It has been interesting and alarming to note that the South African City of Tshwane has spent more than $80 million on the installation of 14,000 smart prepaid meters and supporting infrastructure, which is purported not to work.
Business association AfriSake (Afri business) has launched a legal challenge to the project, alleging that a reasonable price for the complete project would be $290 million across 800,000 meters. However, with only 14,000 meters installed, it would be interesting to know how the $75 million has been spent.
Money seems to be on everyone’s mind this week, with the British Competition and Markets Authority reporting that Britons are paying too much for energy. The CMA have suggested a number of remedies which include certain regulatory reforms, and have asked whether “safeguards such as a transitional price cap on the most expensive tariffs are needed to protect customers until other measures have led to a more competitive market.”
What do you think? Is Tshwane guilty of wasting money or being over charged? Does Britain need more safeguards and are Britons paying too much for energy?
More smart metering stories:
Dutch utilities Alliander, Stedin, DELTA Netwerkbedrijf and Westland Infra have signed major deals for the delivery of smart meters. Iskraemeco, the smart metering providers based in Slovenia, entered into agreements to deliver a minimum of 1.6 million smart electricity meters.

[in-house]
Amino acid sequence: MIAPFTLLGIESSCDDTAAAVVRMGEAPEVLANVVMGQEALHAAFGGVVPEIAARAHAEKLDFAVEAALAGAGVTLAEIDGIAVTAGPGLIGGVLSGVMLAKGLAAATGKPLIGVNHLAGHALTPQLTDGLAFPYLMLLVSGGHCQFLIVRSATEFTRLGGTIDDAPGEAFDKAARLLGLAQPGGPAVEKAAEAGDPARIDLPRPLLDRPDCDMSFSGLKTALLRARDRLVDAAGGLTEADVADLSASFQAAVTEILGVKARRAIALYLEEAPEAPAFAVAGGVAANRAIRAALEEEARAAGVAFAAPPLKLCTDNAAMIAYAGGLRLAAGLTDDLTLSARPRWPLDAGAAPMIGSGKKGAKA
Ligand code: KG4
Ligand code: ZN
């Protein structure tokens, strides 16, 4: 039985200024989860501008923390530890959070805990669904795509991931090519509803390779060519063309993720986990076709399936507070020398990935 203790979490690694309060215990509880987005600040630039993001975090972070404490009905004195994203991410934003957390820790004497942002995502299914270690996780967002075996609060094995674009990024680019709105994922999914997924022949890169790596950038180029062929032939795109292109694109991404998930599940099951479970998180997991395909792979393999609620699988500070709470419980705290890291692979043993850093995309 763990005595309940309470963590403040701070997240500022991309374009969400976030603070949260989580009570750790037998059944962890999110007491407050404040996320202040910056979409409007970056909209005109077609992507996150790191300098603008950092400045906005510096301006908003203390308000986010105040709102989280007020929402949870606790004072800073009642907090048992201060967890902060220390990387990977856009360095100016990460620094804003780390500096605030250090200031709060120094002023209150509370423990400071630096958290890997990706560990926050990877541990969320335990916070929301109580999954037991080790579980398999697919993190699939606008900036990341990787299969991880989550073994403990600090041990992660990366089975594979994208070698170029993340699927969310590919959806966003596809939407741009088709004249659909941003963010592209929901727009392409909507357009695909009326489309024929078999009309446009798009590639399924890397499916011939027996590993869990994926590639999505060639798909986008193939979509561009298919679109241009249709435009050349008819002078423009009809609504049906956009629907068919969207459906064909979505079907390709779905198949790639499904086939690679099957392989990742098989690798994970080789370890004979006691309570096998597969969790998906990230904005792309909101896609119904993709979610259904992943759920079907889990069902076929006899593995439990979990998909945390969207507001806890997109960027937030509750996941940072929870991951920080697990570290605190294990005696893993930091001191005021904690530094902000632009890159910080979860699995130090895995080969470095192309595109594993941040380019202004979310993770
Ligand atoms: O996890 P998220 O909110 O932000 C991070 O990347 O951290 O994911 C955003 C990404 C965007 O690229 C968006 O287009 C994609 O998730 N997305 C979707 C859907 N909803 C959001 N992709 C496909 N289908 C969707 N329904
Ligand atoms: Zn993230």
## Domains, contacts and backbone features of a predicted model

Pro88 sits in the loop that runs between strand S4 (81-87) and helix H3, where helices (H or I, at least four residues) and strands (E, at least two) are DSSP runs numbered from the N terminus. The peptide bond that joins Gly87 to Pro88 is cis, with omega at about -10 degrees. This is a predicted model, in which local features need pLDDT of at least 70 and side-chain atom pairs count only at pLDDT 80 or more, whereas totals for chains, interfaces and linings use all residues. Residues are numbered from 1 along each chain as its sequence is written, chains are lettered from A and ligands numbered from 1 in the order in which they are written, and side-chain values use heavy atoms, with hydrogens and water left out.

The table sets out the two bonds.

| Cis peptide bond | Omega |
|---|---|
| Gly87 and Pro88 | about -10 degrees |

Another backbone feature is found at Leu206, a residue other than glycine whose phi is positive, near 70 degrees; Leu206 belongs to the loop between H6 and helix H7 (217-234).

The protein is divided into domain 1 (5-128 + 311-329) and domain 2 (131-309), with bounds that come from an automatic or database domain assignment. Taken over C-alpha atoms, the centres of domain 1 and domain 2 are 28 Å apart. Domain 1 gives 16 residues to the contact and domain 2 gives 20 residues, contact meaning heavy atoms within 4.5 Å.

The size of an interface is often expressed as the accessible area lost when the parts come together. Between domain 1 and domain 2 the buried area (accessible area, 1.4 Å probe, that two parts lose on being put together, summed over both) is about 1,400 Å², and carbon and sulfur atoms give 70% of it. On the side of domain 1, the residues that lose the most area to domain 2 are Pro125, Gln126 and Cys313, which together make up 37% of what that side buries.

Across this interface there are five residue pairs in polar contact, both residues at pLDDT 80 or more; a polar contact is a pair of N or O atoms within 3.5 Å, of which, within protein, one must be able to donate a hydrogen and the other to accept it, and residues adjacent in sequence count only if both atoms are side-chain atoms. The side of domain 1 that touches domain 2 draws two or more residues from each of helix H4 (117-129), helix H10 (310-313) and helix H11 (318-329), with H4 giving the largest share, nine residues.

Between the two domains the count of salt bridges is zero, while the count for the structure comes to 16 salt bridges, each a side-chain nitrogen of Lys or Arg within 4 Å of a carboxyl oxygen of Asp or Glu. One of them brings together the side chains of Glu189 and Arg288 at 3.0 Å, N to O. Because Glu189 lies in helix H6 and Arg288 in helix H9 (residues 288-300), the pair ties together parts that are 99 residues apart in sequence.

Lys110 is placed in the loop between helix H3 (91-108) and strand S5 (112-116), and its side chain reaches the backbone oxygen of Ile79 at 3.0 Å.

In South Africa, the City of Tshwane will hold a briefing on the 8 July on the future of its smart metering project. The so called 'Security of Revenue Programme' has cost ratepayers almost US$80 million since its inception in October 2013.
EDMI and Australian energy company AGL Energy have signed a deal to provide software and related services for AGL's Active Stream metering service company.
The new British Energy Secretary, Amber Rudd, has not confirmed the reappointment of Baroness McDonagh as the chairman of Smart Energy GB, raising concerns in the sector, the BBC reports
Prepaid electricity is now being offered to the residents of Naga by the Visayan Electric Company (Veco), as part of a pilot programme to assess the viability of the technology in the Philippines.